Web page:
Sanskrit nouns in this case often refer to a subject "out of" which or "from" whom something (an action, an object) has arisen or occurred: patram v?kt patati "the leaf falls from the tree".

It is also used for nouns in several other senses, as for actions occurring "because of" or "without" a certain noun, indicating distance or direction. When it appears with a comparative adjective, (?rehatamam, "the best"), the ablative is used to refer to what the adjective is comparing: "better than X".

Armenian

The modern Armenian ablative has different markers for each main dialect, both originating from Classical Armenian. The Western Armenian affix -? -? (definite - -?n) derives from the classical singular; the Eastern Armenian affix - -ic' (both indefinite and definite) derives from the classical plural. For both dialects, those affixes are singular, with the corresponding plurals being -(?)(?) -(n)er?(n) and -(?)? -(n)eric'.

Western Eastern Gloss
??
mart?
?
mardic'
from (a) man
?
mart?n
?
mardic'
from the man
(?) > ?
(dun) > dan?
(?) >
(tun) > tnic'
from a house/from home
(?) >
(dun) > dan?n
(?) >
(tun) > tnic'
from the house

The ablative case has several uses.Its principal function is to show "motion away" from a location, point in space or time:

Western Eastern Gloss
?
k'a?ak'?n yega

k'a?ak'ic' yeka
I came from the city

aysde??n he?u g? pnag?i.
?
ayste?ic' he?u bnakvum ?i
I used to live far from here

It also shows the agent when it is used with the passive voice of the verb:

Western Eastern Gloss
?
incm? mi?d g? sirv?ir
?
indznic' mi?t sirvum ?ir
You were always loved by me

azadi?'ner?n azadec'ank'
?
azati?'neric' azatvec'ink'
We were freed by the liberators

It is also used for comparative statements in colloquial Armenian (including infinitives and participles):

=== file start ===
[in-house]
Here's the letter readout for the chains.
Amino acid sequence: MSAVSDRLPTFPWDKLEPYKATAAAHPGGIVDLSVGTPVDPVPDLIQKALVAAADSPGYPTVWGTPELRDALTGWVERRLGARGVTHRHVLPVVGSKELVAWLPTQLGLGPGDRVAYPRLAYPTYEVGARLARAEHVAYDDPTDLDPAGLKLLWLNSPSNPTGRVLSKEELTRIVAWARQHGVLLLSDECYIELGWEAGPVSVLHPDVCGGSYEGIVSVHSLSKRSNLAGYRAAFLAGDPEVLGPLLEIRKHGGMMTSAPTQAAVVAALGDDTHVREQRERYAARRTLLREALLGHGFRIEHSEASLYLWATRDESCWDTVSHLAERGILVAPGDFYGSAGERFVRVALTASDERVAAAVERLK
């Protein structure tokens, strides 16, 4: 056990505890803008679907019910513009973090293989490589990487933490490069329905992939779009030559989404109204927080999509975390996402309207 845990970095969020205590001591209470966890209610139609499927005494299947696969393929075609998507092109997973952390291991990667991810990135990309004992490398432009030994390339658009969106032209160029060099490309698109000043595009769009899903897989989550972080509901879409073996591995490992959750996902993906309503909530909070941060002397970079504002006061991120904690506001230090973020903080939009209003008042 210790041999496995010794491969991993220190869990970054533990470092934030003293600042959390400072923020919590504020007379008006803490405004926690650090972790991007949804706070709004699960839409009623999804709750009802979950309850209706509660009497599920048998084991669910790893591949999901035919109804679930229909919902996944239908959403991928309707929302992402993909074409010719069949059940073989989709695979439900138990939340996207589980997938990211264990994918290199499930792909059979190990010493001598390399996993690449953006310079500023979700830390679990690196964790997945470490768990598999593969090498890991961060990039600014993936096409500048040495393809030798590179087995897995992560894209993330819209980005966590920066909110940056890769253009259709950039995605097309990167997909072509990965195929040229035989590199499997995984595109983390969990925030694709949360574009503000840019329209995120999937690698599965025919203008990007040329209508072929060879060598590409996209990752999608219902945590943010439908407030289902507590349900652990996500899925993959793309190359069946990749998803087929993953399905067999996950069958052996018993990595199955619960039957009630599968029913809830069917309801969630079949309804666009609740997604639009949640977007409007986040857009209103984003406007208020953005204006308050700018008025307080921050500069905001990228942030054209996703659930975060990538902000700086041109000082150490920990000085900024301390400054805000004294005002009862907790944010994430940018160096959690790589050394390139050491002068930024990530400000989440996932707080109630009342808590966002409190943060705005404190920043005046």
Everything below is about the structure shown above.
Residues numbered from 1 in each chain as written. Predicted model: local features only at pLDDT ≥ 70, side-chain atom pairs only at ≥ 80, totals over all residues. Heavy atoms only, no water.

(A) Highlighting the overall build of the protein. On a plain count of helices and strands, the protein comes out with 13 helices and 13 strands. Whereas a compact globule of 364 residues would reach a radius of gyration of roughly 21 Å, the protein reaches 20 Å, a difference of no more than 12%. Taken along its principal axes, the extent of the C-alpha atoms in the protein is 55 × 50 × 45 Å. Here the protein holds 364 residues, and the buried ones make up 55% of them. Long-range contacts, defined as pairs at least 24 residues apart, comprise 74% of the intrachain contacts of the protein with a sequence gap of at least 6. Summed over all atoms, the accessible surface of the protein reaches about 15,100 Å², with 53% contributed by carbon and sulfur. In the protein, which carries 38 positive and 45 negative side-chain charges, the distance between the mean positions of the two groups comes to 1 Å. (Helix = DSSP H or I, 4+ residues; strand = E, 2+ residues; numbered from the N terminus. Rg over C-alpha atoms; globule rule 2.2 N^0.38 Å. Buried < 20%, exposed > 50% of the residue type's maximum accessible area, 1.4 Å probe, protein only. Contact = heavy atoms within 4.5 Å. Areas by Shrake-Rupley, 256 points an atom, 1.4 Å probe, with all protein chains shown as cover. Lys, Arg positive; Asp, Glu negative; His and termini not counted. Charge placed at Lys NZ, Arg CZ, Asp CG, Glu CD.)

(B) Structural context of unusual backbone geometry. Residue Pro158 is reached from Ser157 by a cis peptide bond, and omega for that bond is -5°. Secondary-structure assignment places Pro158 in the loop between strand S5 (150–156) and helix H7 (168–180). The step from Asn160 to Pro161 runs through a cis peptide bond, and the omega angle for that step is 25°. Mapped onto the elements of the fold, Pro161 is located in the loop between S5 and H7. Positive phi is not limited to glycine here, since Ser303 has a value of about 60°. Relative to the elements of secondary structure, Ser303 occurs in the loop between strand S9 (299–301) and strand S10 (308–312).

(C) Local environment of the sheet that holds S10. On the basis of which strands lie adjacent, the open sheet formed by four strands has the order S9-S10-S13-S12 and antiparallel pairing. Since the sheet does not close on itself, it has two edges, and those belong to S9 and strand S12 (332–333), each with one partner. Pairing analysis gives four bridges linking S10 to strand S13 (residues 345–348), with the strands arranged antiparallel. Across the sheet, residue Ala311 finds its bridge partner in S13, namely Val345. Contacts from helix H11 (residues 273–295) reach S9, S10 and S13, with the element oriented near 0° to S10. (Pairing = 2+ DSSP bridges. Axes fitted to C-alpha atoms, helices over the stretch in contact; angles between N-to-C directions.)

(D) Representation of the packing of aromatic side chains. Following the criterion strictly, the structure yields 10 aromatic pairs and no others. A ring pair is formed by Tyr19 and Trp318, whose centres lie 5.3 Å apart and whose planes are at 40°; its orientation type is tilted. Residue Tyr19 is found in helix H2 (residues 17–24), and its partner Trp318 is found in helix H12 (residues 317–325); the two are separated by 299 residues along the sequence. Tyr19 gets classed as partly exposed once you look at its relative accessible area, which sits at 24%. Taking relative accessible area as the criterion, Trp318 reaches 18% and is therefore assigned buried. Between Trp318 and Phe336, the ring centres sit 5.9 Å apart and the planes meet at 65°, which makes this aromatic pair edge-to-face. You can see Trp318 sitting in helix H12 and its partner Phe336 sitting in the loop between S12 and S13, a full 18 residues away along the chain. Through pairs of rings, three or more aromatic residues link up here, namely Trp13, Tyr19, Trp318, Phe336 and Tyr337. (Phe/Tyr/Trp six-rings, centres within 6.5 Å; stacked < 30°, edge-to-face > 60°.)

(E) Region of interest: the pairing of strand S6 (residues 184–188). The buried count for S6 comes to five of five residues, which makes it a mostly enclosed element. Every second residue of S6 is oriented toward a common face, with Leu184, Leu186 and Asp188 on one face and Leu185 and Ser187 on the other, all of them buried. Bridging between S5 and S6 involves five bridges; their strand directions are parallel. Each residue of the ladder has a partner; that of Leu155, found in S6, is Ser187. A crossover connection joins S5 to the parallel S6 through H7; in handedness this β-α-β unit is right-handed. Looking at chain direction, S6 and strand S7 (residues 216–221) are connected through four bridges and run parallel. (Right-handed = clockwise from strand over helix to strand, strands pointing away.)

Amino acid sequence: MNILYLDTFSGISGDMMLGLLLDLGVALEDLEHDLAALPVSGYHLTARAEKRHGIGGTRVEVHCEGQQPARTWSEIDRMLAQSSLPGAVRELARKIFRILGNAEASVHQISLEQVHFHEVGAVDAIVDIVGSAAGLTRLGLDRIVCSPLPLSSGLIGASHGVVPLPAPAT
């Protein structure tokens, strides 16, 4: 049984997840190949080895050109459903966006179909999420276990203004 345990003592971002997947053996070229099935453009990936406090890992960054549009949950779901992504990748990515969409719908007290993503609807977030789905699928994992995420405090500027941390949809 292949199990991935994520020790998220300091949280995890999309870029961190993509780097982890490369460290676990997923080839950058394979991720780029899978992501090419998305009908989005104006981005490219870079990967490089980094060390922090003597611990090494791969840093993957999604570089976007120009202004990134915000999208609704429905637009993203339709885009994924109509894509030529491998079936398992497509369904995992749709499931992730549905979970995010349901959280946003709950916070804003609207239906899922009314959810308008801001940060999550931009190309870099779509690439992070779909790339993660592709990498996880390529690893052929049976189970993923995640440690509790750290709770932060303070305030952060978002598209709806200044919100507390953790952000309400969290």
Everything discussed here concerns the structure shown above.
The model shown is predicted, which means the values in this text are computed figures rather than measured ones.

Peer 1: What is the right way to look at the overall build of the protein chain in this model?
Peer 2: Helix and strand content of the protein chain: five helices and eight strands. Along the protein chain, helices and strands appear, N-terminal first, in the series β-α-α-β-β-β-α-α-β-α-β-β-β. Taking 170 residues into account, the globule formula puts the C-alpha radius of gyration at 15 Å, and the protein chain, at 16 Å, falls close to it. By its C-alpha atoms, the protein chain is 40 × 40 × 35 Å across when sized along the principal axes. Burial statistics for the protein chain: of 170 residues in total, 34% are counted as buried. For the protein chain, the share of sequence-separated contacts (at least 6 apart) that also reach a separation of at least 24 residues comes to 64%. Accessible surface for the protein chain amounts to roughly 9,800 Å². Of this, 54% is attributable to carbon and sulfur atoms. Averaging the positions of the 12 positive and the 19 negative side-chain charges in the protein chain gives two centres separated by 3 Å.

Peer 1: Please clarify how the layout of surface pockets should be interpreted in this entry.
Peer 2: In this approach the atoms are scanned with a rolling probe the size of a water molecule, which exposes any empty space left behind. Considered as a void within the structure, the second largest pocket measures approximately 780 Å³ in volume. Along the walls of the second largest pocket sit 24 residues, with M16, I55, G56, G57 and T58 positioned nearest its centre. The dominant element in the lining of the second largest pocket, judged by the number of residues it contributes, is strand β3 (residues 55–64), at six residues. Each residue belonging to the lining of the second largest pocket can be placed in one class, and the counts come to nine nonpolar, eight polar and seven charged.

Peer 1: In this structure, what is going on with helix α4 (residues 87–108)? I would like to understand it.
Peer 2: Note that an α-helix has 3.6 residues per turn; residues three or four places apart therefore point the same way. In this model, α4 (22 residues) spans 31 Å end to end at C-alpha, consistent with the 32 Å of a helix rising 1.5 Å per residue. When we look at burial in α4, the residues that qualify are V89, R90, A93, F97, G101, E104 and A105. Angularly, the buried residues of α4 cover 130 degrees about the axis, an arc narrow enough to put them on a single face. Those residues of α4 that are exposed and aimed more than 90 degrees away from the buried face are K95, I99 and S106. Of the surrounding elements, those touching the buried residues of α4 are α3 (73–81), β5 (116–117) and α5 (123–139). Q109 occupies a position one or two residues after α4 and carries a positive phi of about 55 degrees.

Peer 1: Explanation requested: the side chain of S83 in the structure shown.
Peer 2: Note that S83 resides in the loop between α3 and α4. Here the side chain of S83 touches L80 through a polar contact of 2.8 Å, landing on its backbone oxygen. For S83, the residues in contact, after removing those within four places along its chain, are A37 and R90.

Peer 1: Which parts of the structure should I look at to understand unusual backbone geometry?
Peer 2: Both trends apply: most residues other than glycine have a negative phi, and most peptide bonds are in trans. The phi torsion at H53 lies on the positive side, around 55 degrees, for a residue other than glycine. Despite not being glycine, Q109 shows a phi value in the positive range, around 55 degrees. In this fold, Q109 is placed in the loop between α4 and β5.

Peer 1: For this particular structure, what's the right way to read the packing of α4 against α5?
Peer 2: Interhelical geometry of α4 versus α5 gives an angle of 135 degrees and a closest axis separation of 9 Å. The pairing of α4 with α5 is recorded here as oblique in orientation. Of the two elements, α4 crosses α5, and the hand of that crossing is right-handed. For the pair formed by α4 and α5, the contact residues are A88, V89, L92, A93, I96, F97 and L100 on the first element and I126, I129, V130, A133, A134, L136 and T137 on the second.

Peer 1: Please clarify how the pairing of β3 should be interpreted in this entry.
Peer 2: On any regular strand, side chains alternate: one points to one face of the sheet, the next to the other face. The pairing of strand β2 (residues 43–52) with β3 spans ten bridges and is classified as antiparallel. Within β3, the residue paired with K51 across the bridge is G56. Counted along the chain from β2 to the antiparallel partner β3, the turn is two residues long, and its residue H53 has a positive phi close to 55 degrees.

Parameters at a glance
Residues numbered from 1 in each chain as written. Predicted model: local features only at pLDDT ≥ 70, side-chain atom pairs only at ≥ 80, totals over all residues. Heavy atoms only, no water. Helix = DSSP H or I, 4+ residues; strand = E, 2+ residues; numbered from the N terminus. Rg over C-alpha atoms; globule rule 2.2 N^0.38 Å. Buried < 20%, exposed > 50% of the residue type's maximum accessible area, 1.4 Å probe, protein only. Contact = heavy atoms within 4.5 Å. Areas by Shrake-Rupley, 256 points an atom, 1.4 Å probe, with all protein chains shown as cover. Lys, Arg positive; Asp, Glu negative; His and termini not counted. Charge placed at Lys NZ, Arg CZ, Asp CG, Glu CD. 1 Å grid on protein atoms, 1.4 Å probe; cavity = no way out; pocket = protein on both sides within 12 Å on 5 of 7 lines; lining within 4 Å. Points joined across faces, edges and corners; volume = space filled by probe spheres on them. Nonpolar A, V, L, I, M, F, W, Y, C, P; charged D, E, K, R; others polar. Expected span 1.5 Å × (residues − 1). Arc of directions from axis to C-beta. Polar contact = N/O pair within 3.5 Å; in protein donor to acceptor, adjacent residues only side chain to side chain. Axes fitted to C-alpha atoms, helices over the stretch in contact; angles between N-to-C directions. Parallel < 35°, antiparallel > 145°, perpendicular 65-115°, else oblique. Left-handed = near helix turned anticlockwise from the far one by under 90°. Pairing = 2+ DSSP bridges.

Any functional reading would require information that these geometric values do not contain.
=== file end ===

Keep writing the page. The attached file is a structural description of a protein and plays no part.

Western Eastern Gloss
? ? ?
In?' me?r?n anu? ?
? ? ?
In?' me?ric' ? anu?
"What is sweeter than honey?" (proverb)
?
Mariam ye?p?rm?n bzdig ?
? ? ?
Maro axporic' p'ok'r ?
Mary is younger (lit. smaller) than her brother
? ? ?
t'ëzer hamdesel desnel? aveli lav ?
? ?
t'ëzer hamtesel tesneluc' aveli lav ?
Figs are better to taste than to see

Finally, it governs certain postpositions:

Western Eastern Gloss

incm? var

indznic' var
below me

k'ezm? ver

k'eznic' ver
above you
?
anonc'm? yedk'
?
nranic' heto
after them
?
mezm? a?a?
?
meznic' a?ad?
before us

Uralic languages

Finnish

In Finnish, the ablative case is the sixth of the locative cases with the meaning "from, off, of": pöytä - pöydältä "table - off from the table". It is an outer locative case, used like the adessive and allative cases, to denote both being on top of something and "being around the place" (as opposed to the inner locative case, the elative, which means "from out of" or "from the inside of"). With the locative, the receding object was near the other place or object, not inside it.